1) Negative Interest Rate Policy (NIRP) – discontinued

NIRP, which began in Feb 2016, was ended with a rate hike on the “Policy-Rate Balance” portion of bank reserves from -0.1 percent to +0.1 percent. Note that the BOJ – using diagrams and bold red fonts[iv] – is pitching this as a hike of “around 0.1 percent” (not 0.2!), as short term rates of near zero will now be guided to “around 0 to 0.1” percent.

2) Yield Curve Control or YCC (part of QQE) – discontinued

YCC, which began in Sept 2016 as an add-on to QQE, was the policy of keeping 10-year Japanese government bond (JGB) yields at around zero. However, after multiple tweaks, the current effective cap was a “reference” point of 1 percent as the next graph shows. Although YCC will now be discontinued, the BOJ expects to continue purchasing  JGB’s at “broadly the same amount as before” (about 6 trillion yen a month) and will make “nimble responses” to any surge in yields.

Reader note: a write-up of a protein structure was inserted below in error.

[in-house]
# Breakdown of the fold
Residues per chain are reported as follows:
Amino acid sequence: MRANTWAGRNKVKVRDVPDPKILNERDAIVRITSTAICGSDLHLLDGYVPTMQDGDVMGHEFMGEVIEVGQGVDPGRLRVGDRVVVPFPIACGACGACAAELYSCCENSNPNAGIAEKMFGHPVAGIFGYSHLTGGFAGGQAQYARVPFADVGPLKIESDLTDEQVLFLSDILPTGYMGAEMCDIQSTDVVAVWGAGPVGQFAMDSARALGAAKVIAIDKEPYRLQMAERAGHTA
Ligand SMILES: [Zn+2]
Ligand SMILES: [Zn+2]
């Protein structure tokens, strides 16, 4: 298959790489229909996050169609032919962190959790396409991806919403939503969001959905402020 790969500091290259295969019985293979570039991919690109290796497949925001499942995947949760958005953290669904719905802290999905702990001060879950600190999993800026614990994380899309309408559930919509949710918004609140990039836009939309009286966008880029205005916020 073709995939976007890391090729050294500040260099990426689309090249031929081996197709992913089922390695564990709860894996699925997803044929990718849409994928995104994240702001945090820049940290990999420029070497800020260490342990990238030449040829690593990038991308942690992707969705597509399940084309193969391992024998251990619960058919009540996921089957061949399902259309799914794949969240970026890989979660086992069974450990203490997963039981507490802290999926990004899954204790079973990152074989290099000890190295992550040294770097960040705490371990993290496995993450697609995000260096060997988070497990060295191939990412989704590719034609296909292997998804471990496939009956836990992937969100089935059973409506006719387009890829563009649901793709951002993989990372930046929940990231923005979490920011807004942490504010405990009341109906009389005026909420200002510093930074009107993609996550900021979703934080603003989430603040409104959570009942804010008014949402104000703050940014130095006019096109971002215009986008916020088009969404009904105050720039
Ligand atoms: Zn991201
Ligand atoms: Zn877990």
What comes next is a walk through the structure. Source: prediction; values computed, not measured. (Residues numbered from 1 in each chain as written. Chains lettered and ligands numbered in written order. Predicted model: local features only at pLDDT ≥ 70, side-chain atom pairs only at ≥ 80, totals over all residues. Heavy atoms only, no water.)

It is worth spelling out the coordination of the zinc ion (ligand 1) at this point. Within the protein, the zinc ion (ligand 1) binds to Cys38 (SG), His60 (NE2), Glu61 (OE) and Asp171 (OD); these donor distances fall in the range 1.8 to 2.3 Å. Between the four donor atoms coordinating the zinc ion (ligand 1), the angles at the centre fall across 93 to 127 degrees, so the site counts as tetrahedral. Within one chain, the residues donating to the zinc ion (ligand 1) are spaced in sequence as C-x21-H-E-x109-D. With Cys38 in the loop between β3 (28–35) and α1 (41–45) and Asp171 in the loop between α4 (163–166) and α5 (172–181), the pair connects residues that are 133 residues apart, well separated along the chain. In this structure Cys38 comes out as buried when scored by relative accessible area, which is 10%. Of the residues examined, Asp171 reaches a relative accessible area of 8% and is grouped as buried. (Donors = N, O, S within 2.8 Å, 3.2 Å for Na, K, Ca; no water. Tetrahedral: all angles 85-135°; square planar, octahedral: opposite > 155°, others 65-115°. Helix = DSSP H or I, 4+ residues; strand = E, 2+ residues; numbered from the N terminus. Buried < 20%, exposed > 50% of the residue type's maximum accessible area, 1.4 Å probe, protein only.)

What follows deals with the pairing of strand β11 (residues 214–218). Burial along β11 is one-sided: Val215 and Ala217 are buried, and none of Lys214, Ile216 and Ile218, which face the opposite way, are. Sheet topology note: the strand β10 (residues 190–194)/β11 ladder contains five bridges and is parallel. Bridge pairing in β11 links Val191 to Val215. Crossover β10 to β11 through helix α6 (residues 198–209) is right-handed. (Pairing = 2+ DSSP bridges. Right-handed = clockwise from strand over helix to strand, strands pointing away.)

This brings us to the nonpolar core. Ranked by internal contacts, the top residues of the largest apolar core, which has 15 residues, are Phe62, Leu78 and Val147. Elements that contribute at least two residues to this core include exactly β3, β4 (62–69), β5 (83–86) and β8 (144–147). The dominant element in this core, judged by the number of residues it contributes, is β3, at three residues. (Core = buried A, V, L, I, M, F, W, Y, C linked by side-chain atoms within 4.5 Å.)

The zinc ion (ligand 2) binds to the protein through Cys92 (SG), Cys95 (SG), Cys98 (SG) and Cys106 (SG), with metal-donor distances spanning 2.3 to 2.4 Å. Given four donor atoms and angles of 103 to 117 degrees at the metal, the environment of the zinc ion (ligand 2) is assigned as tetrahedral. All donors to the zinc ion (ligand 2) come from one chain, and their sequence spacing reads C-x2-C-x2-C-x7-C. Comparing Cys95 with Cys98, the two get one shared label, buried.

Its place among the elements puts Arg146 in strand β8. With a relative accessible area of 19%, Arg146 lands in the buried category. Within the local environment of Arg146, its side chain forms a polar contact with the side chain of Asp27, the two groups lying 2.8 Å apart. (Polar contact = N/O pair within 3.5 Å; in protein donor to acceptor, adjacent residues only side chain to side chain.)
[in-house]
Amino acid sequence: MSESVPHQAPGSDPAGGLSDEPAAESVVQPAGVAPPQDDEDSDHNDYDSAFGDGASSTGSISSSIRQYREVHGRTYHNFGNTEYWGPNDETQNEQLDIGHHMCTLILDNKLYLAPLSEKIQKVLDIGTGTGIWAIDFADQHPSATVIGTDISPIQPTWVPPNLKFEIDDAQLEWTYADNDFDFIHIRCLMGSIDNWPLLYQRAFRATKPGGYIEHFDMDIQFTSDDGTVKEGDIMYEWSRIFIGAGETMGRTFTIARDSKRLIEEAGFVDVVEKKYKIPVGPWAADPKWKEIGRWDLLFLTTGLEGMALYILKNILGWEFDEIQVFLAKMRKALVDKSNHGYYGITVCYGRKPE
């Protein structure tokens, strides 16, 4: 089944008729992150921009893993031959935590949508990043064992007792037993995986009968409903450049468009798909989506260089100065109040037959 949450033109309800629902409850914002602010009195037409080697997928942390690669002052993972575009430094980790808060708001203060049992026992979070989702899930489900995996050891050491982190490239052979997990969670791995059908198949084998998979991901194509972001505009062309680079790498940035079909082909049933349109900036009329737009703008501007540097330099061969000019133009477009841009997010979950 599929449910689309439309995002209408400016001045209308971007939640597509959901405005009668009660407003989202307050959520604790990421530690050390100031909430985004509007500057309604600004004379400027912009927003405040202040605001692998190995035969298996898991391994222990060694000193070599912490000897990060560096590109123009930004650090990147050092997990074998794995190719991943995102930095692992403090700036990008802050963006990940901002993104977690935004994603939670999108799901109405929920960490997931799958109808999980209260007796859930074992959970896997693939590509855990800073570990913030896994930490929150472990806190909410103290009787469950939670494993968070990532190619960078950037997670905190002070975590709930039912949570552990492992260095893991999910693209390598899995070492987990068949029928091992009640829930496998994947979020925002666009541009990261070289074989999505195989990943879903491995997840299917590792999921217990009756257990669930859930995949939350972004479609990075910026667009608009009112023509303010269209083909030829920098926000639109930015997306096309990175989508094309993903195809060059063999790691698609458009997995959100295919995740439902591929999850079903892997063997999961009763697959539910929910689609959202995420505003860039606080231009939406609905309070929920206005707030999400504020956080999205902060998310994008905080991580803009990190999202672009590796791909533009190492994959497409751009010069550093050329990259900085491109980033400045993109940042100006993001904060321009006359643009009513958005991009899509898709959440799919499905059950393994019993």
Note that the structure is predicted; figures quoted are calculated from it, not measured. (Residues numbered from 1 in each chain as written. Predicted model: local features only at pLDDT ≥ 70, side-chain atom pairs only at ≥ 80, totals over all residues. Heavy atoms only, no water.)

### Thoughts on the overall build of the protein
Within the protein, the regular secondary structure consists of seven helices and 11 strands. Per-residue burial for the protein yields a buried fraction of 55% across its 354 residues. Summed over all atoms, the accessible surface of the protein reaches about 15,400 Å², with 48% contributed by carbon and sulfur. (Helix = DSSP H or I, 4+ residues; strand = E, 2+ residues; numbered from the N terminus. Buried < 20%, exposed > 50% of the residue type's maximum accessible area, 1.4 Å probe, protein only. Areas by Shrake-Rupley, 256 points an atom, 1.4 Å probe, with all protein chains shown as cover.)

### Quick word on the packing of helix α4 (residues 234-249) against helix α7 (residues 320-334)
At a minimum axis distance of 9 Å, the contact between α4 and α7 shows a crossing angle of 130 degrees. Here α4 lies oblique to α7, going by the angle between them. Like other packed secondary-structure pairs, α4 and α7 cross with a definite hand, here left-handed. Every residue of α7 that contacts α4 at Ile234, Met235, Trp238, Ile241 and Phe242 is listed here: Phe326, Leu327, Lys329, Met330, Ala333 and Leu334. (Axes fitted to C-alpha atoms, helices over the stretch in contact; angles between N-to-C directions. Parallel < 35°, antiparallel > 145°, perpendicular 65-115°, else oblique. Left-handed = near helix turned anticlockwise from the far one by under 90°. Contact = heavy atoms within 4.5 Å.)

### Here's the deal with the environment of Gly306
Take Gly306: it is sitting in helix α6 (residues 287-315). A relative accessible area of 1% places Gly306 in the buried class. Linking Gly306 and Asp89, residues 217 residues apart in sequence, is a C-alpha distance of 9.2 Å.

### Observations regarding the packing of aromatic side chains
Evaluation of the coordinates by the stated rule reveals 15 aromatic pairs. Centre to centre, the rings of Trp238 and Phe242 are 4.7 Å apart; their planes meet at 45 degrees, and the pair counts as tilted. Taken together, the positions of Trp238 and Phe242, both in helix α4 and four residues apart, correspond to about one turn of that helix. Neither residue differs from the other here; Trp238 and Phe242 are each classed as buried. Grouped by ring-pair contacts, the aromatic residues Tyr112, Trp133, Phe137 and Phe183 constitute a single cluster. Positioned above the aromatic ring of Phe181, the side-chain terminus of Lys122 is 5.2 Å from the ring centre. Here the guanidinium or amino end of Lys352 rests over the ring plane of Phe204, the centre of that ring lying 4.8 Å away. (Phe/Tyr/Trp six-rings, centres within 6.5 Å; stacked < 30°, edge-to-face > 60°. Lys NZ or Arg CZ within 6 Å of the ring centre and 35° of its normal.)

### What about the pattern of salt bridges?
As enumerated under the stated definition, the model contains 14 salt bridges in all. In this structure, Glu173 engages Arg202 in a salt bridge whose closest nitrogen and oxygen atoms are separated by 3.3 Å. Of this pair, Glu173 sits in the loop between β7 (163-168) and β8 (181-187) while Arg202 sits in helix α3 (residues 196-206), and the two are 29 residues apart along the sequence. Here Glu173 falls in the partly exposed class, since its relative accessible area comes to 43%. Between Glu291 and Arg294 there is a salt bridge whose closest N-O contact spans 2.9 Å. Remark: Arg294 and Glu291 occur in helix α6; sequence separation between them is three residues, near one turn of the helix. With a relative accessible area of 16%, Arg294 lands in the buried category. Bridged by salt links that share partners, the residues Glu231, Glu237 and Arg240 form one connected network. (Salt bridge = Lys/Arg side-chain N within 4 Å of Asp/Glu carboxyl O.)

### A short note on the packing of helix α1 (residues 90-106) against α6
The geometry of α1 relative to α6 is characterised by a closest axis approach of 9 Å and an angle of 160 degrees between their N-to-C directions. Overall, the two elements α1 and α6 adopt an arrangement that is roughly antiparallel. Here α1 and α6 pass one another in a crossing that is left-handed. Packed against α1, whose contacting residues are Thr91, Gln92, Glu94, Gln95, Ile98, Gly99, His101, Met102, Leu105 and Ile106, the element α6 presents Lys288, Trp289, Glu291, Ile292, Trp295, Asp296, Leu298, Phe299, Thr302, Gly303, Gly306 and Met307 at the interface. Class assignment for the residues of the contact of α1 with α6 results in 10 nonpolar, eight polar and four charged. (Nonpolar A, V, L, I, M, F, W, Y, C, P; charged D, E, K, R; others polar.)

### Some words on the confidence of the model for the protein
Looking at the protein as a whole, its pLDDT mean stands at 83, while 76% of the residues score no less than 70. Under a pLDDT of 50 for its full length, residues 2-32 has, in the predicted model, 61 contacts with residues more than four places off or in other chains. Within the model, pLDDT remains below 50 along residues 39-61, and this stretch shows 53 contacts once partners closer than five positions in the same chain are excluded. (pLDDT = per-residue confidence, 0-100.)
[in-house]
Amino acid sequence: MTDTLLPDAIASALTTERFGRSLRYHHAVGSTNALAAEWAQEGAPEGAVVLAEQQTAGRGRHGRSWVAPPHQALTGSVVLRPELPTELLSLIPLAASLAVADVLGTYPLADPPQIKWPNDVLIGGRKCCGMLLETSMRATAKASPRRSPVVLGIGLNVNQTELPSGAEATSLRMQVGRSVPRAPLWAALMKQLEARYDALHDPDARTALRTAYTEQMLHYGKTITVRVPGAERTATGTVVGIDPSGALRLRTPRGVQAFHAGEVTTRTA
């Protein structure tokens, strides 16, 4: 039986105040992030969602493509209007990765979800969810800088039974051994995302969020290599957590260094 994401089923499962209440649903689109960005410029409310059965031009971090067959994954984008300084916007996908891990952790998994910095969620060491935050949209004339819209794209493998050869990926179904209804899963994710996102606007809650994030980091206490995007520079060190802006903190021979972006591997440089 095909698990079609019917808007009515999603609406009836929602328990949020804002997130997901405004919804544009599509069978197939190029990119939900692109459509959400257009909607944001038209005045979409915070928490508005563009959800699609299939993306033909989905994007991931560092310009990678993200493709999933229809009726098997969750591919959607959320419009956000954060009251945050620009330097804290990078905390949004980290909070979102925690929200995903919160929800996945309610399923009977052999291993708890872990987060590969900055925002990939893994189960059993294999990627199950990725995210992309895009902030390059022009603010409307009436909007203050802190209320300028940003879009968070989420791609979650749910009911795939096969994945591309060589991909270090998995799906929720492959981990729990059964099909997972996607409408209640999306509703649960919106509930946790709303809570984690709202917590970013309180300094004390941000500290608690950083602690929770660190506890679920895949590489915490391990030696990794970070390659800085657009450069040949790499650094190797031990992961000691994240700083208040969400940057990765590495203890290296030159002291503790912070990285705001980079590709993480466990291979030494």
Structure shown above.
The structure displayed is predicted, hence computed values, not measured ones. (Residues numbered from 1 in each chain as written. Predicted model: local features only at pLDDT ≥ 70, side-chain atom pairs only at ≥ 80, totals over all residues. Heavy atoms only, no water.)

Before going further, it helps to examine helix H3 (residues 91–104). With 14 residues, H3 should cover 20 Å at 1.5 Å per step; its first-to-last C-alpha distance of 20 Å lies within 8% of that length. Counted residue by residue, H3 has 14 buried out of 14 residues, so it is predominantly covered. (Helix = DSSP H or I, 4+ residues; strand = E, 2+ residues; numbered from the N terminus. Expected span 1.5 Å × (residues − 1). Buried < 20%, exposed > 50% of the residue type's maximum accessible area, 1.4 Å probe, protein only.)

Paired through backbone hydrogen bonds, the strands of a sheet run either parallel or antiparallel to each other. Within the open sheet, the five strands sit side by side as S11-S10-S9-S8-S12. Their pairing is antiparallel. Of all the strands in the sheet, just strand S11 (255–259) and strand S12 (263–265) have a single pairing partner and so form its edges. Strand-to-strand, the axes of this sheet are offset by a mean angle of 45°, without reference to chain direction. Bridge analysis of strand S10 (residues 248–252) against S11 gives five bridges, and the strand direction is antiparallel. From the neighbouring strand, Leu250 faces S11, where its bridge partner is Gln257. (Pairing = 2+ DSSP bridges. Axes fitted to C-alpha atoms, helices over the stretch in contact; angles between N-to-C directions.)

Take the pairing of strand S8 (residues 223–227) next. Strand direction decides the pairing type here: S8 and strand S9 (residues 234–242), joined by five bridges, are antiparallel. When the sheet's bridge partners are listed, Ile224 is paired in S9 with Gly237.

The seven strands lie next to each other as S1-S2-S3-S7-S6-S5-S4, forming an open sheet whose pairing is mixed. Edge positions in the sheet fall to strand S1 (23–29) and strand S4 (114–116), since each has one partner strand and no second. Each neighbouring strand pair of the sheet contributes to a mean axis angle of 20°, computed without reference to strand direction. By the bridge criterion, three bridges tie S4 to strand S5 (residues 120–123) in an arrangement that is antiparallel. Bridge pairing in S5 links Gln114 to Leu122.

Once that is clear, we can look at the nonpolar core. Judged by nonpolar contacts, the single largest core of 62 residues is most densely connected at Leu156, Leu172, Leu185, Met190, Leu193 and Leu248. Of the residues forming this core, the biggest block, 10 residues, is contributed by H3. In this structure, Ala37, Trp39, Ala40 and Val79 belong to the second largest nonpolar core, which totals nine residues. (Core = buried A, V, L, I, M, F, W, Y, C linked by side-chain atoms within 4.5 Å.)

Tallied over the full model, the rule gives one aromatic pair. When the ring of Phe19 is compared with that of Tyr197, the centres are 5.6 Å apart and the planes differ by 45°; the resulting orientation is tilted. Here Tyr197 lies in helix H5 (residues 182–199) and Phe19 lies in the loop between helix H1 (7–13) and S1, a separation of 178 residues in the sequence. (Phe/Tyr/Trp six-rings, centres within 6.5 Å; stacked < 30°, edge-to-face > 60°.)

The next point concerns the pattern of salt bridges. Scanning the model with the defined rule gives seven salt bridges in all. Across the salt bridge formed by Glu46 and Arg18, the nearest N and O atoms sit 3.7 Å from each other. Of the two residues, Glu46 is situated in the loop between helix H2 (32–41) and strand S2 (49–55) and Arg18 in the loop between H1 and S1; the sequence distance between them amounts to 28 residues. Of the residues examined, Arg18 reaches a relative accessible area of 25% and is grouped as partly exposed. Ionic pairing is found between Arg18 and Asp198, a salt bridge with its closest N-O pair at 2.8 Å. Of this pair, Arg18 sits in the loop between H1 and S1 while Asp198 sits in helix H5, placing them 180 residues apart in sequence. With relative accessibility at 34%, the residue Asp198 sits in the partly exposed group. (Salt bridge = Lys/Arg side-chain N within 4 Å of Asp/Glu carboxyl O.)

3) ETF purchases (also part of QQE) – discontinued

ETF (and REIT) purchases were started in 2010 under Governor Shirakawa, but were massively increased under Governor Kuroda when he took over in 2013. The BOJ will now discontinue their already limited amount of ETF (and REIT) purchases, while gradually reducing purchases of commercial paper and corporate bonds over the next year.

4) Back to basics?

Governor Ueda also noted that the BOJ will be returning to the “more normal” monetary policy tool of controlling short term interest rates, namely the unsecured overnight call rate. His comments and other BOJ post-meeting releases imply that this rate is now the official policy rate (instead of the NIRP rate).



Until the Nikkei blasted “NIRP to end – BOJ’s first hike in 17 years” on March 16, most participants probably expected only NIRP to be ended, not YCC and ETF’s as well. Also, the consensus was for any changes to be made NEXT month.